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Trigeminal Nerve (Cranial
Nerve V)
The trigeminal nerve (fifth nerve) is the largest of
the cranial nerves and contains both sensory and
motor fibres.
Trigeminal nerve nuclei
The main sensory
nucleus. Found in the posterior
part of the pons located laterally
to the motor nucleus.
The spinal nucleus.
Continues superiorly with the
main nucleus in the pons and
extends inferiorly through the
whole length of the medulla
oblongata and into the upper
part of the spinal cord.
The mesencephalic
nucleus. Consists of a column
of nerve cells situated in the
lateral part of the grey matter
around the cerebral aqueduct.
The motor nucleus.
Situated medially to the sensory
nucleus in the pons.
• The trigeminal
nerve arises from
the brain at the
side of the pons by
a motor and a
sensory root.
The sensory root carries the trigeminal ganglion which
consists of the cell bodies of the sensory axons and lies in
a depression on the petrous part of temporal bone.
The sensory root divides into three
large branches:
The Ophthalmic
(V1) is the smallest
division of the
trigeminal nerve and
is entirely sensory.
Maxillary (V2) is
Mandibular (V3) is
both sensory and
• This traverses the cavernous sinus and enters the orbit
via the superior orbital fissure where it divides into
frontal, lacrimal and nasociliary branches.
• The frontal nerve
lies just under the
roof of the orbit
and divides into
supraorbital and
nerves which
emerge from the
orbit and supply
the front of the
• The lacrimal
nerve lies
laterally and
supplies the of
the eyelids and
– It also carries
fibres from the
ganglion to the
lacrimal gland.
• The nasociliary nerve
crosses the optic nerve
and runs along the medial
wall of the orbit to emerge
onto the face as the
infratrochlear nerve.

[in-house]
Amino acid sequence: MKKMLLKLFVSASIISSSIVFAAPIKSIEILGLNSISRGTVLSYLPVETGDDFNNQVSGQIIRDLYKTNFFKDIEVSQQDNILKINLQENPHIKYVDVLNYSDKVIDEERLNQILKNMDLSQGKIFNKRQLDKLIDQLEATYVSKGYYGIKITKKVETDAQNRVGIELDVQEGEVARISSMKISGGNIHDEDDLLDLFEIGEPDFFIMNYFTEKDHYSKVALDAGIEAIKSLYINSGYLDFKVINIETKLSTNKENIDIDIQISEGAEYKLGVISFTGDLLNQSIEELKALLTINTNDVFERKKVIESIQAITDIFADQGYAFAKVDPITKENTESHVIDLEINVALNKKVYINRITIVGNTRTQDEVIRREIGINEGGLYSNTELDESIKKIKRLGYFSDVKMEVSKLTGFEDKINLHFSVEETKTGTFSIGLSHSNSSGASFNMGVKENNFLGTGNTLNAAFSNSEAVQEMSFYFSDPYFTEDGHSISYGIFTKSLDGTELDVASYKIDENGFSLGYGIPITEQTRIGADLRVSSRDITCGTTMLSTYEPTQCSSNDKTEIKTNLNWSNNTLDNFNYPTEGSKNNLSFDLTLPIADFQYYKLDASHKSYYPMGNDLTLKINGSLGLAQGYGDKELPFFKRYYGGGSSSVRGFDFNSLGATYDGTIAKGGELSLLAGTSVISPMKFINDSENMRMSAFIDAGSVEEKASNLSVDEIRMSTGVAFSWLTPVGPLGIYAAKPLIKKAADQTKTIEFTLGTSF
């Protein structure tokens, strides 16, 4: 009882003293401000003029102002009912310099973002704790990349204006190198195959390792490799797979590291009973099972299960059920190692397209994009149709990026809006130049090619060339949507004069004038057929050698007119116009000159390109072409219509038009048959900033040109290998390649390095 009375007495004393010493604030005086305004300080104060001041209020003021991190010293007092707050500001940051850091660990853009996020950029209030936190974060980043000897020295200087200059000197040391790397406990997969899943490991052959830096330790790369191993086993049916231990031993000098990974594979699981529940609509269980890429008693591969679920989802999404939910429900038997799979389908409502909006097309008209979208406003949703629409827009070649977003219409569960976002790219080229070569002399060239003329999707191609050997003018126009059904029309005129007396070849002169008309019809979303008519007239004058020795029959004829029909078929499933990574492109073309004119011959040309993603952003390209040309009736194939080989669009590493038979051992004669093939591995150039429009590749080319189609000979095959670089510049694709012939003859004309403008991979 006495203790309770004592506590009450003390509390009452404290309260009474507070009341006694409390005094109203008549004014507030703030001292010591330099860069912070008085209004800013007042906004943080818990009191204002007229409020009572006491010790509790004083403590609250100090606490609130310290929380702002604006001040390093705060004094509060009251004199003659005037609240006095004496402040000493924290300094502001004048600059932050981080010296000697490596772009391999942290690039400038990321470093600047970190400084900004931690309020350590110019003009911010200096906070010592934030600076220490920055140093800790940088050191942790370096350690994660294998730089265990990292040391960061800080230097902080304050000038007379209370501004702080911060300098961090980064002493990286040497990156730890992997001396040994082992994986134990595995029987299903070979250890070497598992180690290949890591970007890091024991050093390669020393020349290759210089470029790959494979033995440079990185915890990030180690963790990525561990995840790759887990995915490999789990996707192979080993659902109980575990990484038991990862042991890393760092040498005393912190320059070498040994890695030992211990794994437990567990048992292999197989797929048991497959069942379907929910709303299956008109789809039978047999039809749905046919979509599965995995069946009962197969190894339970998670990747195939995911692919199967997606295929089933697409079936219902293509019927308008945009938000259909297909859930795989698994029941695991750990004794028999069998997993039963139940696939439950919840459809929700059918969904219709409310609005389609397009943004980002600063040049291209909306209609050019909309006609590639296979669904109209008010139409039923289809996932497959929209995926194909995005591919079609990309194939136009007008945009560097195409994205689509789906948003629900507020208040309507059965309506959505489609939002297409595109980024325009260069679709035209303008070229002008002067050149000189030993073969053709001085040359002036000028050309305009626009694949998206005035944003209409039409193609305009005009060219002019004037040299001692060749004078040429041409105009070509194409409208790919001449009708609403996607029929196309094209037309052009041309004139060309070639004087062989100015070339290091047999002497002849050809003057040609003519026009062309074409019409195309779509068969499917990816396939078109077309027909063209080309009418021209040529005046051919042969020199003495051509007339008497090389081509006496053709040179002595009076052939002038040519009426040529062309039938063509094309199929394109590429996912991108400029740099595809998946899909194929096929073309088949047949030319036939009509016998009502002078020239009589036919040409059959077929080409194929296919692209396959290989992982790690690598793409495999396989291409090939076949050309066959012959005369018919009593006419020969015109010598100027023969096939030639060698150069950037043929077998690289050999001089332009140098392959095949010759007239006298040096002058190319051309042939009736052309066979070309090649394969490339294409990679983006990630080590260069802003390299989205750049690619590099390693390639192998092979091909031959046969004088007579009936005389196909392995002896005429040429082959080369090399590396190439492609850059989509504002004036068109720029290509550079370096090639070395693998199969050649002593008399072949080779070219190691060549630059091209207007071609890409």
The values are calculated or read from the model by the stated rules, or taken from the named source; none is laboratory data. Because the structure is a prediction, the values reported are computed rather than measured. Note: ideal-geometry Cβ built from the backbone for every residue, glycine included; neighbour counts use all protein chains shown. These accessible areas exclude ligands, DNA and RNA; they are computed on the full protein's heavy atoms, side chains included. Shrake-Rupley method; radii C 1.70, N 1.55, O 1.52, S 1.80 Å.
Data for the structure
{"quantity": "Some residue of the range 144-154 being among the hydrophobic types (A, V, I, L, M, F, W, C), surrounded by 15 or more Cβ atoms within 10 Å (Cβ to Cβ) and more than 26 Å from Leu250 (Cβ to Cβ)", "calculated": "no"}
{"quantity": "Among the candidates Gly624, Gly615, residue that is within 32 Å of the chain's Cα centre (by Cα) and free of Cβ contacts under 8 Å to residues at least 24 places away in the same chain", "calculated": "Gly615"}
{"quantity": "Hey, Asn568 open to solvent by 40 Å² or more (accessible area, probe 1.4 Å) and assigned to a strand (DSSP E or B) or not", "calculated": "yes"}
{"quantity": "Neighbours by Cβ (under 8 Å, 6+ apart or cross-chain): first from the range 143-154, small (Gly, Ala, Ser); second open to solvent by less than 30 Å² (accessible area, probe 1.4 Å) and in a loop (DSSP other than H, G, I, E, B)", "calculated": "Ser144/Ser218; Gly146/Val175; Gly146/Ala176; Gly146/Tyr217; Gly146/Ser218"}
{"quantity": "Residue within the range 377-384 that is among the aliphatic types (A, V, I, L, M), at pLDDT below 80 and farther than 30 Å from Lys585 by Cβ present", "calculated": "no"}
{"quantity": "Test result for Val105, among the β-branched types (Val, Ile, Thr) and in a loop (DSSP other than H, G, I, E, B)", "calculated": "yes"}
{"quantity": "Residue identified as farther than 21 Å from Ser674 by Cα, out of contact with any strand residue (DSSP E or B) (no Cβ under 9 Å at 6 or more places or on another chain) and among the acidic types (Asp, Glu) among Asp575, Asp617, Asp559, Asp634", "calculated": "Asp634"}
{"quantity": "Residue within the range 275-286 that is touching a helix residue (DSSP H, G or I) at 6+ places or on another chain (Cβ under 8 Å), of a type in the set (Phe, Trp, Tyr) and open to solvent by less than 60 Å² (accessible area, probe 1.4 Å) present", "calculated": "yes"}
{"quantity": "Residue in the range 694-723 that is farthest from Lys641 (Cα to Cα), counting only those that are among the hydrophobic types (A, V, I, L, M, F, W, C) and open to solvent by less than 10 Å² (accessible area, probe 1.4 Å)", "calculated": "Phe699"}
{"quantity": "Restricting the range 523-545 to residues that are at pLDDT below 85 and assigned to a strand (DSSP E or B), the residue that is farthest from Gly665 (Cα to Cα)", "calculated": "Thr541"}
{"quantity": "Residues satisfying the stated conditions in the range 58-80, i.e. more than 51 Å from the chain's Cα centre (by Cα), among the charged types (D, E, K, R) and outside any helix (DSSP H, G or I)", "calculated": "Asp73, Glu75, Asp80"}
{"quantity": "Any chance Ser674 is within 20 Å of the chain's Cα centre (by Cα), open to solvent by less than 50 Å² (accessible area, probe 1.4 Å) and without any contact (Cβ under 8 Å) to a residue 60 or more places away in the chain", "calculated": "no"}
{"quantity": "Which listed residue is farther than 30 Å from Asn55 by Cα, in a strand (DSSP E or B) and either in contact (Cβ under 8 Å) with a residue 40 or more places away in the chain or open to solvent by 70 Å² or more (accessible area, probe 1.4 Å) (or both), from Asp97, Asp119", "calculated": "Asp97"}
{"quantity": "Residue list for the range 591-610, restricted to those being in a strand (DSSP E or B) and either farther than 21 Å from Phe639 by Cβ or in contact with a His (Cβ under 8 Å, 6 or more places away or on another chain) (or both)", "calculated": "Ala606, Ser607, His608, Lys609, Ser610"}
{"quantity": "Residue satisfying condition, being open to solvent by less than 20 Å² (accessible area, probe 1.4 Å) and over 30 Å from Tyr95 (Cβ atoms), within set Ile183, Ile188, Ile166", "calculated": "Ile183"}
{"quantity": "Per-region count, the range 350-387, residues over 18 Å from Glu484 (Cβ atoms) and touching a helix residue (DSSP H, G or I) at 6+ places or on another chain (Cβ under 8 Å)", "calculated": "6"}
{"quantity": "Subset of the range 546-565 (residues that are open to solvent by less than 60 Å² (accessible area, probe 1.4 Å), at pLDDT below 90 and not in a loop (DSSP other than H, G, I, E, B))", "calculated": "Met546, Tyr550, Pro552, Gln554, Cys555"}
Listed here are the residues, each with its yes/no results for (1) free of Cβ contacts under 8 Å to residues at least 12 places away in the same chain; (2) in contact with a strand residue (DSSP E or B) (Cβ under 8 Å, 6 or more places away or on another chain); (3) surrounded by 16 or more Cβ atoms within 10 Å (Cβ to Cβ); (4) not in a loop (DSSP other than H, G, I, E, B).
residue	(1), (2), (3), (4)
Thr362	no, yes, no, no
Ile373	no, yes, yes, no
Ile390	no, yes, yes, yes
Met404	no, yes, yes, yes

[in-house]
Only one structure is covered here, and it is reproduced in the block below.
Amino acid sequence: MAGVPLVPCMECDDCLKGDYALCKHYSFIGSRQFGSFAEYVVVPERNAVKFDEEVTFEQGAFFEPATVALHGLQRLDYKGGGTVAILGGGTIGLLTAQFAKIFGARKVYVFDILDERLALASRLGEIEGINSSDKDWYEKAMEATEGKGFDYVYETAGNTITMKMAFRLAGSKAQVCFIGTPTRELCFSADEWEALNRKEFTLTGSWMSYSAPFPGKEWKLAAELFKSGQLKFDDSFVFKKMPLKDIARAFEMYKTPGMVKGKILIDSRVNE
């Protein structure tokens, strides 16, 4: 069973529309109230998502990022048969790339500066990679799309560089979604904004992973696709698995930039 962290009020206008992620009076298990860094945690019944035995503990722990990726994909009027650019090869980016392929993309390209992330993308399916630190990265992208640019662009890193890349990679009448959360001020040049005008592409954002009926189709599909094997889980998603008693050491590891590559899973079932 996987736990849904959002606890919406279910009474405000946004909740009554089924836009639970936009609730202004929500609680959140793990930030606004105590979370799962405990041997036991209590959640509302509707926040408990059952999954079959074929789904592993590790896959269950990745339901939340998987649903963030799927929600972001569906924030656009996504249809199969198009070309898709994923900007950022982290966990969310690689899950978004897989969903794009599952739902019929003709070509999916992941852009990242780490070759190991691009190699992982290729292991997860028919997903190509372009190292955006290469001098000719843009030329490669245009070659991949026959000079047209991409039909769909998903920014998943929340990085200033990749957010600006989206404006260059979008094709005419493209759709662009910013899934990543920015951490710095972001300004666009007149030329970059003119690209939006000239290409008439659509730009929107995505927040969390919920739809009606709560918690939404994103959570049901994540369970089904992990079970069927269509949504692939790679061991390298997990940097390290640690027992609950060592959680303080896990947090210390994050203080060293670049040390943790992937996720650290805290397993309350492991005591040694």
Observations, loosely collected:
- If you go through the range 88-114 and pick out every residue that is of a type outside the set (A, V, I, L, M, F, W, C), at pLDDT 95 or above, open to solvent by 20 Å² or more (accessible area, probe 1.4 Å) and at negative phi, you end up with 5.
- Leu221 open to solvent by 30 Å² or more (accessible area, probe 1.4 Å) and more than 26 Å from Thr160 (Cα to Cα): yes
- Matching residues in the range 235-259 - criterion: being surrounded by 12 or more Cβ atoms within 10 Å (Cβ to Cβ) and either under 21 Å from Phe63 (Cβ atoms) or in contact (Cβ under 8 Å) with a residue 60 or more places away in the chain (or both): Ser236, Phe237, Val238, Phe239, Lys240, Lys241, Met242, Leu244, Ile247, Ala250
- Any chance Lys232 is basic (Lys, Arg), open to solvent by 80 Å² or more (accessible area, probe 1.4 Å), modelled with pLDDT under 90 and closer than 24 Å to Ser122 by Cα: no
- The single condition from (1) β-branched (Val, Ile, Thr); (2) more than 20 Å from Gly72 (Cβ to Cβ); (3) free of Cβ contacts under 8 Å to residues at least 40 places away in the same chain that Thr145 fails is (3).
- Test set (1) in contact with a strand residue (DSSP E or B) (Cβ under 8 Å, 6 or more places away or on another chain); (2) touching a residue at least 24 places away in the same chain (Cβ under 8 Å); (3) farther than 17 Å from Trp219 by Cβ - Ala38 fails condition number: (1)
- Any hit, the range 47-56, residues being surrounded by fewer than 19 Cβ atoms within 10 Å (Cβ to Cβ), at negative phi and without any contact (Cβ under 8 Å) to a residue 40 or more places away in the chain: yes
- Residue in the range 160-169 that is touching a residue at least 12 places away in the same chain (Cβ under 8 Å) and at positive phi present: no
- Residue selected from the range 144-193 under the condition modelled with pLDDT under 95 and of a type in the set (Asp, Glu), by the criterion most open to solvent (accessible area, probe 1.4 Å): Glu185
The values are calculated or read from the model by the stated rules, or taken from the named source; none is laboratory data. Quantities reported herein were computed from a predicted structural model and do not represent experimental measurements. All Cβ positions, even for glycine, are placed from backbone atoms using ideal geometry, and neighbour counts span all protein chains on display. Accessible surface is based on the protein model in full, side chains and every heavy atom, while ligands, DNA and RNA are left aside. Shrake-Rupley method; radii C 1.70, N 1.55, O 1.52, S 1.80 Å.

– It gives off the ethmoidal
nerves to the ethmoidal
sinuses and
– the long ciliary nerves to
the eye which carry
sensory fibres from the
cornea and sympathetic
fibres to the dilatator
This leaves the cranial
cavity through the
foramen rotundum and
enters the
pterygopalatine fossa.
The branches of the maxillary
– the zygomatic nerve
the pterygopalatine
fossa via the inferior
orbital fissure
– the great and lesser
palatine nerves to the
hard and soft palates,
– the sphenopalatine
nerve to the nasal
cavity and thence via
the nasal septum, to
the incisive fossa to
supply the hard palate.
– The posterior
superior dental nerve
enters the back of the
maxilla and supplies
the teeth.
The branches of the maxillary
– The maxillary nerve
leaves the
fossa via the inferior
orbital fissure,
travels in the floor
of the orbit where it
gives the middle
and anterior
superior dental
nerves, and
emerges onto the
face through the
infraorbital foramen
as the infraorbital
All branches of the maxillary
division are sensory.
• This leaves the
cranial cavity
through the
foramen ovale
and immediately
breaks up into
• The mandibular division contains both motor and
sensory branches.
• the mainly sensory
inferior alveolar nerve,
which enters the
mandibular foramen to
supply the teeth before
emerging onto the face
as the mental nerve.
• This nerve does have one
motor branch, the
mylohyoid nerve, which
supplies the mylohyoid
and anterior belly of the
The lingual nerve
• The lingual nerve lies close to
the mandible just behind the
third molar and then passes
forwards to supply the tongue.
• It is joined by the chorda
tympani which carries taste
fibres from the anterior twothirds of the tongue and
parasympathetic secretomotor
fibres to the submandibular
and sublingual salivary glands.
These synapse in the
submandibular ganglion which
is attached to the lingual nerve
• The auriculotemporal nerve
supplies sensory fibres to the
side of the scalp.
– It also carries
parasympathetic secretomotor
fibres, which have synapsed in
the otic ganglion, to the
parotid gland.
• The buccal nerve carries
sensory fibres from the face.
• There are muscular branches
to the muscles of mastication,
including the deep temporal
nerve which supply temporalis.